Monday, August 21, 2006

Aiming for Diversity, Textbooks Overshoot

I find it hard to get too worked up over this, though it's certainly a good symbol of a system that spends a whole lot of time and effort on all sorts of largely irrelevant -- and, in many cases, counterproductive -- political correctness and not enough time on the fact that 58% of black and 54% of Latino 4th graders in this country are ILLITERATE!!! 
My oldest daughter just finished 4th grade and is quickly devouring 1,000-page Harry Potter books and the like.  I find it hard to conceive of a child her age who can't read "See Spot Run", yet this is the case for the MAJORITY of black and Latino children her age.  (Note that these statistics are not limited to low-income children from broken families who attend failing schools, but ALL of them across the country!)  This is a catastrophe of enormous proportions, yet how many Americans are even aware of this?!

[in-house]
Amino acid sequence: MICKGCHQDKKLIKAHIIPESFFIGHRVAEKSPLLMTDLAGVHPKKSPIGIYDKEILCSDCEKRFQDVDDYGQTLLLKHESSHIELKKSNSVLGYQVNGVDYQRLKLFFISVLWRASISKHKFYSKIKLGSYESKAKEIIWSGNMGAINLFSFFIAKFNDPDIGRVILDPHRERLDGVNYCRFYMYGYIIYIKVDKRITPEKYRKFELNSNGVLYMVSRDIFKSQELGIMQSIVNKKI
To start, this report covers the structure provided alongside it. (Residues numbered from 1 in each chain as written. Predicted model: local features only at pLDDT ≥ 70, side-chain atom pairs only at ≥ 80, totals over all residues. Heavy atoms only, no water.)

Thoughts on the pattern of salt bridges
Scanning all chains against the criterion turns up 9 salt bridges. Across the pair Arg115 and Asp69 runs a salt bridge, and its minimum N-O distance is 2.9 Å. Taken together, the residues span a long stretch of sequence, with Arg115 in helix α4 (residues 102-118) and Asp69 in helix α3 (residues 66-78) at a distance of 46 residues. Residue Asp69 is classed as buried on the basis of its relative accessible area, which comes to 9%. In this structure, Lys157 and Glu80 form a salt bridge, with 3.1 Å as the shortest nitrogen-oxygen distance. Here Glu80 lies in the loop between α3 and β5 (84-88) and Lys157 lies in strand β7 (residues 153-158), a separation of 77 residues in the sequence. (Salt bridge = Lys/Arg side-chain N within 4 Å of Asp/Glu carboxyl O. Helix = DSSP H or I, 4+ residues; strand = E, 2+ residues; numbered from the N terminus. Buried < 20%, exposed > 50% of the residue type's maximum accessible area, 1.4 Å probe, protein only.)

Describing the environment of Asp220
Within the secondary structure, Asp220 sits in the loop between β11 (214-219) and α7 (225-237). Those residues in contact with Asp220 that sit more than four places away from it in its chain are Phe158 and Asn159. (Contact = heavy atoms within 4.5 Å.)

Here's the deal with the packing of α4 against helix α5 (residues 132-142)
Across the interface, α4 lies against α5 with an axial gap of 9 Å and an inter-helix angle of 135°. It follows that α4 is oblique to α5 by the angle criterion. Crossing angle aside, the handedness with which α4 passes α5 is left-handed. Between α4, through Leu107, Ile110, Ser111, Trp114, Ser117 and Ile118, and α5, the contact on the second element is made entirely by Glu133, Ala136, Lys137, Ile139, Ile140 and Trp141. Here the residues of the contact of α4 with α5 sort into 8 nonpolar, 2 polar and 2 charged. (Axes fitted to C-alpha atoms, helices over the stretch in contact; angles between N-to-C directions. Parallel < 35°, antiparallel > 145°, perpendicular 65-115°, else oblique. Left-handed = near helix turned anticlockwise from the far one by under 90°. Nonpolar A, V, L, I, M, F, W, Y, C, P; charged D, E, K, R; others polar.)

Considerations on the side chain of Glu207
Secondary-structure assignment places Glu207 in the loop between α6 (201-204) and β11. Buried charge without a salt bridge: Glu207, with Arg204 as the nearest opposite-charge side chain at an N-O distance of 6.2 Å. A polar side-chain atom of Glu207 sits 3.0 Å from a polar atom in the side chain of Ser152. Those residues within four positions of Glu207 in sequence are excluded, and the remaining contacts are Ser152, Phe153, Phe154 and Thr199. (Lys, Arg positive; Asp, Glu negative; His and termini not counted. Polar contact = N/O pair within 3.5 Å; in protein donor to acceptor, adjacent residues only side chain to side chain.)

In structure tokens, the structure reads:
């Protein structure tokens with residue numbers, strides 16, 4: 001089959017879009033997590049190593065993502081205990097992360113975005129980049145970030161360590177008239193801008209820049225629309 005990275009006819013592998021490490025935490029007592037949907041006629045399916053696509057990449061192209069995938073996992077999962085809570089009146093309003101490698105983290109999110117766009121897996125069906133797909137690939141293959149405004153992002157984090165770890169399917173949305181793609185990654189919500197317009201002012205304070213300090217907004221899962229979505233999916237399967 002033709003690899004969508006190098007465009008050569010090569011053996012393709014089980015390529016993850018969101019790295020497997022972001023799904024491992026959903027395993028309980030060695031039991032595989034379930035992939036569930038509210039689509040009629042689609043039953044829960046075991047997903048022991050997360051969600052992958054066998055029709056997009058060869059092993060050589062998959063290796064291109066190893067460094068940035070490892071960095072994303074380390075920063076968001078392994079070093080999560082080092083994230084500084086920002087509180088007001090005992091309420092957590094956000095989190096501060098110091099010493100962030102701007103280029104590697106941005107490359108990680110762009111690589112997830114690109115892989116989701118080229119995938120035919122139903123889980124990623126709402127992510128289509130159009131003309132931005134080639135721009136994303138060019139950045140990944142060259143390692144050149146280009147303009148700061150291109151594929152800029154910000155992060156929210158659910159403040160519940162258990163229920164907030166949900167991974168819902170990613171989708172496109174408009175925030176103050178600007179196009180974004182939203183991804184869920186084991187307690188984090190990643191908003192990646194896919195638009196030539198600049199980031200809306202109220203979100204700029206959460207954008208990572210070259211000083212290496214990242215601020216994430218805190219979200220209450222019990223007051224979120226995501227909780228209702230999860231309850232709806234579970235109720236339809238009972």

Aiming for Diversity, Textbooks Overshoot

Publishers use quotas in images to win contracts in big states, but they may be creating new stereotypes.
Able-bodied kids pose in wheelchairs
August 19, 2006; Page A1

BOSTON -- The prop room on the fourth floor of Houghton Mifflin Co.'s offices here holds all manner of items, including a blackboard, a globe, an aquarium -- and a wheelchair.

Able-bodied children selected through modeling agencies pose in the wheelchair for Houghton Mifflin's elementary and secondary textbooks. If they're the wrong size for the wheelchair, they're outfitted with red or blue crutches, says photographer Angela Coppola, who often shoots for the publishing house.

Ms. Coppola estimates that at least three-fourths of the children portrayed as disabled in Houghton Mifflin textbooks actually aren't. "It's extremely difficult to find a disabled kid who's willing and able to model," she says. Houghton Mifflin, which acknowledges the practice, says it doesn't keep such statistics...

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